A magazine for Africans and friends of Africa...Our Voices, Our Vision, Our Culture

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Bootylicious – Black Beauty: the good, the bad and the ugly
By Ngozi Nwabinelli
 Dark am I, yet lovely, O daughters of Jerusalem... Do not stare at me because I am dark, because I am darkened by the sun.Song of Songs
 
Being born and raised in a culture completely different to that of your forefathers can be a daunting experience and one I can sympathize with.  Cross-culturalism has grown on a large scale and its influence cannot be denied.  There are huge benefits to be had but there are still struggles that many black people face and none more so than in the area of identity and beauty. Trends have come and gone as to what is considered beautiful and we remain none the wiser.  When does curvy become fat?  Many have problems drawing the line and resort to ever more extreme methods to rid themselves of this image.  So are we just too Bootylicious? Or has the eye of the beholder been looking at the wrong ideas of what constitutes beauty leaving plastic surgery as the only answer?  

It has taken awhile, but black women are finally reaping the rewards of hard work, sacrifice and determination and are starting to achieve some level of economic and financial autonomy. Thus, many are finding new ways to reward themselves and surgery appears to be climbing up the popularity stakes.  According to research carried out by the American Society of Plastic Surgeons, only 6% of African-Americans are plastic surgery patients.  Why?  Some suggest it is because black people have more body confidence.  Others believe it is because it is too expensive. The more pressing question is why have surgery? Is it to escape from their ethnicity?  Or to enhance their natural assets? Whilst many women use plastic surgery as a way of hiding something or fighting the aging process, many black women are using it to boost their curves.  Yes they may have liposuction, but it is to highlight not hide.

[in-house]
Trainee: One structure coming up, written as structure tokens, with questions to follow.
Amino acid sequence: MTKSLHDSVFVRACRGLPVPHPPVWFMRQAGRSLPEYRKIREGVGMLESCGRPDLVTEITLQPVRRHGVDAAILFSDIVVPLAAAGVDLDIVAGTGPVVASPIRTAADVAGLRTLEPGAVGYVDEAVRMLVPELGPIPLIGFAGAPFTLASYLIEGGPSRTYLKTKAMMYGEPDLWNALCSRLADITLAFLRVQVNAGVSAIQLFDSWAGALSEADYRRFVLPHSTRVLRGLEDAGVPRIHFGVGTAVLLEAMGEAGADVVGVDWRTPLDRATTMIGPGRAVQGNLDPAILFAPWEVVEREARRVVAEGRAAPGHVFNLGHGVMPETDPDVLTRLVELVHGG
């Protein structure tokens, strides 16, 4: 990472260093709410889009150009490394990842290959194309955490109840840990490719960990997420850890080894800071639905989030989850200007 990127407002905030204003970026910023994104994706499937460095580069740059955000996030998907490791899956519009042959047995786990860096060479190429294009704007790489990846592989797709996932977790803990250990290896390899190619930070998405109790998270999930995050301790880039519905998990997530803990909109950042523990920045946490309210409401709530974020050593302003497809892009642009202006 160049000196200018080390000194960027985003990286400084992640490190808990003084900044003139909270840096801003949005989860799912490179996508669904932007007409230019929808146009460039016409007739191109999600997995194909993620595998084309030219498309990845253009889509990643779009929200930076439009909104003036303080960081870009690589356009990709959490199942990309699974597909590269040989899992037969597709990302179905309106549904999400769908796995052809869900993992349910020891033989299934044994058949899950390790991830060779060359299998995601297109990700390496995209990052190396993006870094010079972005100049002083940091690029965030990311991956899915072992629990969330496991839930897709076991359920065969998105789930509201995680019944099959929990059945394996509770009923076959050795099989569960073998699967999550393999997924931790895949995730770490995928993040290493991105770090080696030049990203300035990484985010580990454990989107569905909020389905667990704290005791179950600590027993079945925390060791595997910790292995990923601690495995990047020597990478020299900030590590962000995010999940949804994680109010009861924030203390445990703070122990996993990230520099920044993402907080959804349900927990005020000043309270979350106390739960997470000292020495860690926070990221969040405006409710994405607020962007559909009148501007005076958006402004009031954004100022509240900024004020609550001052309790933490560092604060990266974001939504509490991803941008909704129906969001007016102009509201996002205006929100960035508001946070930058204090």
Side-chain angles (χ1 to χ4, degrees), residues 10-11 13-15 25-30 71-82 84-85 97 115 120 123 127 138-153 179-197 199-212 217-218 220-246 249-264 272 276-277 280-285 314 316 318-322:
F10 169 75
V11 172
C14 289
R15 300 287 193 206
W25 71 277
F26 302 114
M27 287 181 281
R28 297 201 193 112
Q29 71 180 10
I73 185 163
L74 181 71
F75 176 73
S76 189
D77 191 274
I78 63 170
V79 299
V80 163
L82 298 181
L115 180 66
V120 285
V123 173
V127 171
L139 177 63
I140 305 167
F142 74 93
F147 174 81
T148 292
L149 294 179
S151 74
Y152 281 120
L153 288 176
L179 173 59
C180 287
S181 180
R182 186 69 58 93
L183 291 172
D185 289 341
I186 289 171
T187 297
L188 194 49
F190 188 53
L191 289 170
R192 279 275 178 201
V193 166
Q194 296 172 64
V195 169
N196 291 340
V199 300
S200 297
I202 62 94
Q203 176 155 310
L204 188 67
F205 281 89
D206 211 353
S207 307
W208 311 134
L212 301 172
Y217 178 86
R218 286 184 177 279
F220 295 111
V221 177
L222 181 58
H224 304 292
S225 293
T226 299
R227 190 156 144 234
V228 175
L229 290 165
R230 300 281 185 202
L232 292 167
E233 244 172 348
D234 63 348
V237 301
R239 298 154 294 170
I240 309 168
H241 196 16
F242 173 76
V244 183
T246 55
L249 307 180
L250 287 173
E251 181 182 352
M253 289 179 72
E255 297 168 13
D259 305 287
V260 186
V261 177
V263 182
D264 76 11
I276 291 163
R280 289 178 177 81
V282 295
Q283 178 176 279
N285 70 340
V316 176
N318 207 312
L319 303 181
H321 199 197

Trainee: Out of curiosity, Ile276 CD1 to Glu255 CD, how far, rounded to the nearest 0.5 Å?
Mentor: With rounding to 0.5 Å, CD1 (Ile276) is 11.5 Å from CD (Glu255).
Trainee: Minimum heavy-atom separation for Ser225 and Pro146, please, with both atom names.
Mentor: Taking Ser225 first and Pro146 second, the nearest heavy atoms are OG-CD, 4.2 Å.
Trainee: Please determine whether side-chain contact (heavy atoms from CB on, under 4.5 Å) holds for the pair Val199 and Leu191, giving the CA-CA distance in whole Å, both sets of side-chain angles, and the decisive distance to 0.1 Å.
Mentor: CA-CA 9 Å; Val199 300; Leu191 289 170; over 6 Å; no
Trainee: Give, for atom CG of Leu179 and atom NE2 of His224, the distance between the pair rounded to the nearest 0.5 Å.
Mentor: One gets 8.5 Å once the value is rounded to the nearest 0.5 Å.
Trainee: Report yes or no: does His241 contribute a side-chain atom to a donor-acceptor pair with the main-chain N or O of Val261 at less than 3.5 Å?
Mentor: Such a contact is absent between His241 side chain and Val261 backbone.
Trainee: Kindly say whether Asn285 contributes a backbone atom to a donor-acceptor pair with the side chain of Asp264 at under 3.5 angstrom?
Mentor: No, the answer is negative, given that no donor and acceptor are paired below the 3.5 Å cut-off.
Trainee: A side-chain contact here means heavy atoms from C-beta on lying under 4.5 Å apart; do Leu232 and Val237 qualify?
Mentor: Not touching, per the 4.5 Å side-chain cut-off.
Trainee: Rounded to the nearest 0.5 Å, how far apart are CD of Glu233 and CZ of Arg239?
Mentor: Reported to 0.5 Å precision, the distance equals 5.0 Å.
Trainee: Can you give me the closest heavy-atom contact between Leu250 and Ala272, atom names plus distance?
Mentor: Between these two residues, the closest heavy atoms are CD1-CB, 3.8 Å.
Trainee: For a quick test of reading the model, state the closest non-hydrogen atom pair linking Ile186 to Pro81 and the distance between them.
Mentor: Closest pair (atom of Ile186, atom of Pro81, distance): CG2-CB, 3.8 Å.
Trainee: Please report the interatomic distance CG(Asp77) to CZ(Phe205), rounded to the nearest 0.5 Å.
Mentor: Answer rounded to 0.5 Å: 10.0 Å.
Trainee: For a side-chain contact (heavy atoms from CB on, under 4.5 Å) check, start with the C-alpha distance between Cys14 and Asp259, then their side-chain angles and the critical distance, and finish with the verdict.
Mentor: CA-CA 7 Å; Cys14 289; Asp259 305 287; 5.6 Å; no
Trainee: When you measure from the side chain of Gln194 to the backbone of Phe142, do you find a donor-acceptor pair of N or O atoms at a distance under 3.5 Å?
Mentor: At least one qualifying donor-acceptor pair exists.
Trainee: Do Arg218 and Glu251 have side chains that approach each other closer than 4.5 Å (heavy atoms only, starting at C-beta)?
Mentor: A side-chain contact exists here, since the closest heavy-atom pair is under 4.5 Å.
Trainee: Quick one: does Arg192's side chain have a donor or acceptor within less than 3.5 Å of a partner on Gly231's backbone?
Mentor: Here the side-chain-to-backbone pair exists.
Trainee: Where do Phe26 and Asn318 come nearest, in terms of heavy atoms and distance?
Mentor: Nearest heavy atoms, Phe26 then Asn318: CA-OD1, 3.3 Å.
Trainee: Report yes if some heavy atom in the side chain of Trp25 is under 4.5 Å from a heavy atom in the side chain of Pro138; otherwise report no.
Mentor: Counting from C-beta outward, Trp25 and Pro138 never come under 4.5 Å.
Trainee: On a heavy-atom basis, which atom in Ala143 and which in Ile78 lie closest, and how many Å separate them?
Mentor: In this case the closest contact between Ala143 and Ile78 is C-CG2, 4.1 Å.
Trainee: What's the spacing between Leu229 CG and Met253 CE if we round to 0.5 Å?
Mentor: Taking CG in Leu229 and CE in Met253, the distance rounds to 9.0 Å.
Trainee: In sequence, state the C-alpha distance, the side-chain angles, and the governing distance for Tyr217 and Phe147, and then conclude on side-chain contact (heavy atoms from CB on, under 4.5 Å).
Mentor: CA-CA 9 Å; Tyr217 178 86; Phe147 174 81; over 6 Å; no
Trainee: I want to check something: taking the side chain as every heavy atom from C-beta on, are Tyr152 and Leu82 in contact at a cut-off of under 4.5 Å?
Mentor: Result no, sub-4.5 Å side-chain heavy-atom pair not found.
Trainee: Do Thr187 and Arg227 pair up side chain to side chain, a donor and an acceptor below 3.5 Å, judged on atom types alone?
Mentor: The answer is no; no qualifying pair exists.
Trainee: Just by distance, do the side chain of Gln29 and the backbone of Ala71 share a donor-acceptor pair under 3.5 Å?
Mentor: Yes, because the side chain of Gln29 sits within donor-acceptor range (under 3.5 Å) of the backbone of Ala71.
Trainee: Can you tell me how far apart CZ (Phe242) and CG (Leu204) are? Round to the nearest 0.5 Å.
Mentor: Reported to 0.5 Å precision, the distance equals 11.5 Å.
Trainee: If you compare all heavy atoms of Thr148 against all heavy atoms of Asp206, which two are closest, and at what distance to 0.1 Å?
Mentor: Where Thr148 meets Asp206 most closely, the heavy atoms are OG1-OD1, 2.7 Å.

When I was younger, I moved around a lot.  This was partially responsible for some of my old self-esteem issues.  In one particular school, I was the only black person there, so my idea of beauty was having blue eyes, blonde hair, skinny figure, thin lips – none of which I had.  I hated my body.  Now with hindsight, I realise that many people are paying money to have big lips, big breasts and now big butts...all the stuff I got for free.  So perhaps many black women are realising this.  Or are they?

  • Perhaps the answer lies in the most popular forms of surgery.  The most common problems with black skin are pigmentation-based i.e. scarring. Many turn to surgery (after trying creams and potions) with chemical peels and lasers being the most popular methods used.
  • Although black skin is more resilient when it comes to aging, dark circles and bags tend to show up more therefore surgery (blepharoplastyis used to alleviate this problem.
  • Breast lifts rather than augmentation is also popular as well, to tighten rather than boost because, in general, we have no problem in that department...but time, gravity and children take their toll.
  • According to a prominent plastic surgeon, rhinoplasty is also popular.  The reason, again, is not to have a ‘white nose’ but to rebalance their face – but is it really necessary?  You tell me.

There is no denying what is considered beautiful has changed.  There are many more beautiful black women out there succeeding in ways that seemed impossible years ago.  Tyra Banks and Beyonce are prime examples.  But all you have to do is look, to see that they have some Caucasian attributes – pinched noses, lighter eyes, suspiciously lighter skin (but who knows, it may be natural)  Let me ask the question – when was the last time you saw one with Afro hair, full lips, dark skin?  The last one I remember is Alex Wek.  African Beauty without the effort...  Will we see more like her?  I think so, we just need to keep the faith and we are very good at that...check us out here!

 


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